Household Characteristics and Saving Motives: Application of Multinomial Logistic Regression to Examine Maslow's Hierarchy of Needs Theory

Household Characteristics and Saving Motives: Application of Multinomial Logistic Regression to Examine Maslow's Hierarchy of Needs Theory

Sajid Haider (COMSATS Institute of Information Technology Vehari Campus, Vehari, Pakistan), Munir Ahmed (COMSATS Institute of Information Technology Vehari, Vehari, Pakistan), Carmen de Pablos (Rey Juan Carlos University in Madrid, Spain, Madrid, Spain) and Aasma Latif (COMSATS Institute of Information Technology Vehari Campus, Vehari, Pakistan)
Copyright: © 2018 |Pages: 18
DOI: 10.4018/IJABE.2018010103

Abstract

The main objective of this study was to examine the likelihood of household savings in relation to their characteristics, and analyze whether households move to upper level in hierarchy of saving motives as described in Maslow's Hierarchy of Needs Theory. This research used primary data by using a questionnaire with six categories of saving motives—daily expenses, emergency motives, major purchases, retirement, children, and investment. Multinomial logistic regression was used to test the relationship between household characteristics and saving motives. The results indicate that households with different characteristics save for different motives, and a change in household characteristics causes movement in the hierarchy of saving motives. Lower income households save for lower level needs i.e. daily expenses, while high income households save for higher needs such as investment. Savings for children was reported as the most important saving motive and existed in almost all income groups. Results have implications for policy makers and professional in behavioral finance.
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1. Introduction

Understanding household saving motives is important, especially, in developing countries where unlike developed nations a solid social security system does not exist, and consequently households are less likely to live a secure and balanced life in the absence of an appropriate savings plan (Remble et al., 2013). So, savings play an important role to meet financial emergencies and reduce risk of having inadequate resources in future (Haron et al. 2013). Household savings affect a family’s standard of living and improve the capability to meet financial goals such as making purchases using cash rather than credit. Saving out of current earning provides retirement security, helps occupants to become homeowners without undue risks, and improves household’s ability to deal with emergency situations, such as accidents, any case of death and other purposes.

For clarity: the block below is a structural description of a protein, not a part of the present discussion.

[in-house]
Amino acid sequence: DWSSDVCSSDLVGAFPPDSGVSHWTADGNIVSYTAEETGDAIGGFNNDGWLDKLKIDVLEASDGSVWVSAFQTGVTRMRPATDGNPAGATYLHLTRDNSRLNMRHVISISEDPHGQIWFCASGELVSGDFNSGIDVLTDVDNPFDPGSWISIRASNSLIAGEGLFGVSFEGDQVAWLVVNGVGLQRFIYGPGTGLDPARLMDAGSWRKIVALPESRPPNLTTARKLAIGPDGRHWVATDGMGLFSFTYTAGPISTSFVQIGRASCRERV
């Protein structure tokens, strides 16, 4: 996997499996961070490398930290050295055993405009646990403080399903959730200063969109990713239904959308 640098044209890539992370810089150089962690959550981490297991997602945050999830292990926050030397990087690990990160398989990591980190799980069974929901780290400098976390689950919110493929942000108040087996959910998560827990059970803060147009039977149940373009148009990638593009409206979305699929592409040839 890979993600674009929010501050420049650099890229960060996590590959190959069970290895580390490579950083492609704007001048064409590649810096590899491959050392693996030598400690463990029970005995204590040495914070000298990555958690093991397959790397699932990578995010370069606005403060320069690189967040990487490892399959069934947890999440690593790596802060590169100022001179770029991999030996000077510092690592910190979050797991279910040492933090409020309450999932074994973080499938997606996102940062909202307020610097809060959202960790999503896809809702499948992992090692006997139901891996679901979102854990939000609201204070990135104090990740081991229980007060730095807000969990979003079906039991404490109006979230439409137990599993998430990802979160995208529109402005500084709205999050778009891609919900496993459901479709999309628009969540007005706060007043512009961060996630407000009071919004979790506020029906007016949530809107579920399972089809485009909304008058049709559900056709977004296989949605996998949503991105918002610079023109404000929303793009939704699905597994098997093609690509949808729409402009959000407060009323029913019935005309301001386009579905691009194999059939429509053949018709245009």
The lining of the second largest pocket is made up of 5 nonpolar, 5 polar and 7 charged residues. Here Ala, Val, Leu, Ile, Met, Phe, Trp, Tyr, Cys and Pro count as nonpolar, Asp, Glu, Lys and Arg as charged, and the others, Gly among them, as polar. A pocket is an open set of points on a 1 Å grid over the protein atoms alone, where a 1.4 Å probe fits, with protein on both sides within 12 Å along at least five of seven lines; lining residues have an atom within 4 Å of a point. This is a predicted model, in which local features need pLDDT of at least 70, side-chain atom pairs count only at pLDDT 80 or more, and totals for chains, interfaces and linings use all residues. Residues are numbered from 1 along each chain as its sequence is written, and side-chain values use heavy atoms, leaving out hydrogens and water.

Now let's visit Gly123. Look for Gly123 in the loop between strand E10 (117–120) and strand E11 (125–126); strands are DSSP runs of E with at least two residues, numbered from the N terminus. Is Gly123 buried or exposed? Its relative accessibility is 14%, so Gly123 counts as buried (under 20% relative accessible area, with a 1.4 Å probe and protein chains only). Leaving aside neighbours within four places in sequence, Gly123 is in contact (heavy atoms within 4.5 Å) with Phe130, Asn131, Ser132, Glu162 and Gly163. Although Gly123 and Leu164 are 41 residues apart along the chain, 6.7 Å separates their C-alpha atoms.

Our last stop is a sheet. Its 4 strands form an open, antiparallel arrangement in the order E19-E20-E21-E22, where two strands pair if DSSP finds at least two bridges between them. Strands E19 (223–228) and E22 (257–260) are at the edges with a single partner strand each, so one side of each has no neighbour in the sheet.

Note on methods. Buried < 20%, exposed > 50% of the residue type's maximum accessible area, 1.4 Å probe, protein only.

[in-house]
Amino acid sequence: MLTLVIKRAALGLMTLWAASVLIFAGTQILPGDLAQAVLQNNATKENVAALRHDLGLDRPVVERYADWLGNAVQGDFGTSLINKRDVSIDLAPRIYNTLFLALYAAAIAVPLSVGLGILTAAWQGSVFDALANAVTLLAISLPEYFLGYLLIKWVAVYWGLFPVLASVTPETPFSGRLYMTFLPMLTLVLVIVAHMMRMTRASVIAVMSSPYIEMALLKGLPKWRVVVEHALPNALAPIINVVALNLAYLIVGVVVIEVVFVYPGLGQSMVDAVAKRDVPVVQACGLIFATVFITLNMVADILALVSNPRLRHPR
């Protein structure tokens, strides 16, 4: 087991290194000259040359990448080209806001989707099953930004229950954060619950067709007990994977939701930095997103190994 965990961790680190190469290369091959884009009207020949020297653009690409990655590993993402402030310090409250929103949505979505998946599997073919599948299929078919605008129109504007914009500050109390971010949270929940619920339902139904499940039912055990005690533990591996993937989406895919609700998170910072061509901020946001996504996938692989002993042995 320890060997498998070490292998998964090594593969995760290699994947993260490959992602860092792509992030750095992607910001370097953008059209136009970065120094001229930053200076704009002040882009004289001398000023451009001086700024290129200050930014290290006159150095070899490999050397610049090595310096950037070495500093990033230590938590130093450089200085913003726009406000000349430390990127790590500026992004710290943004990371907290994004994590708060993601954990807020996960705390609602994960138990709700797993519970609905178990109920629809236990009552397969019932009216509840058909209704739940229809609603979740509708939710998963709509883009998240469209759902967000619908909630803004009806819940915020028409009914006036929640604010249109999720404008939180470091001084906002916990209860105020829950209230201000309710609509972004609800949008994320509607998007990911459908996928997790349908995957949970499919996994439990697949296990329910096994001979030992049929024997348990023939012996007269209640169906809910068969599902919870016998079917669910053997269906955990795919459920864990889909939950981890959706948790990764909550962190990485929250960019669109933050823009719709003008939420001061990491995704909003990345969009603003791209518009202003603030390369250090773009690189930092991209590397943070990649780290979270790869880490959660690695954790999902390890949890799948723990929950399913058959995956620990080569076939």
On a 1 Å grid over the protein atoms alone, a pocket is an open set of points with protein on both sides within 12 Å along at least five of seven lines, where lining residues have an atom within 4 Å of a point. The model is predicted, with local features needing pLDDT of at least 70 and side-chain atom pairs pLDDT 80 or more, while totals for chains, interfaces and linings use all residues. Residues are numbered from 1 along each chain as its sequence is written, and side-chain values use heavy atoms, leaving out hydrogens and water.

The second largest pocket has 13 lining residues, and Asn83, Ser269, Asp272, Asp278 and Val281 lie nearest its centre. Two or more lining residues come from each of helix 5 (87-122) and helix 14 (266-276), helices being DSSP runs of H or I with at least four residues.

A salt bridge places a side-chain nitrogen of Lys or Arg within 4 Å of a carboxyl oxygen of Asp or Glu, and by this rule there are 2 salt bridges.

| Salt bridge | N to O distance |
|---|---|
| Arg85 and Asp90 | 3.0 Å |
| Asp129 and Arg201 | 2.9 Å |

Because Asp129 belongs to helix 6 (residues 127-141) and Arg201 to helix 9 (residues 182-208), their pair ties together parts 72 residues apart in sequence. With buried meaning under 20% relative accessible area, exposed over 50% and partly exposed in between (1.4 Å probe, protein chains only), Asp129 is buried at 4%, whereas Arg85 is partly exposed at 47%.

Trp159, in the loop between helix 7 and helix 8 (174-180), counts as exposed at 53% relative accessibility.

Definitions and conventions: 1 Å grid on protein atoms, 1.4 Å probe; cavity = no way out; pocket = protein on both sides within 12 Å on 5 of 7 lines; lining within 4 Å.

Despite the fact that understanding household saving motives is important for improving our knowledge of households’ financial goals, and enhancing our ability for households’ financial counseling, empirical research on this issue is rare (Claycamp, 1963; Davis and Schumm, 1987; Xiao and Noring, 1994; Haronet al., 2013). Advancement in this line of research can help us understand household saving behaviors from both theoretical and practical perspective (Canova et al., 2005).

Some economic models provide insights into household saving motives but have been criticized by contemporary researchers. Xiao and Noring (1994) and Haron et al. (2013) described two major shortcomings of Economic Models. First, economic models assume saving motives but without any empirical investigation. Second, economic models assume only one saving motive, such as saving for retirement in (Modigliani, 1986), and ignore that the savings can undertake multiple motives. In order to address these shortcomings, behavioral/psychological models were considered in the study of saving motives. In contrast to Keynesian thoughts of slow change in saving motives, behavioral models assume that tastes are not fixed, and household’s ability and willingness to save matters (Katona (1951, 1975) and DeVaneyet al. (2007). Shefrin and Thaler (1988) integrated psychological theory into the standard economic model of saving to propose a behavioral life-cycle hypothesis. Their hypothesis views people as both planners and doers. As planners, they worry about lifetime utility and as doers they give attention to the present (DeVaneyet al. 2007). According to this hypothesis people tend to save for different motives. Moreover, saving motives differ among the households with different characteristics (Yao et al. 2015).

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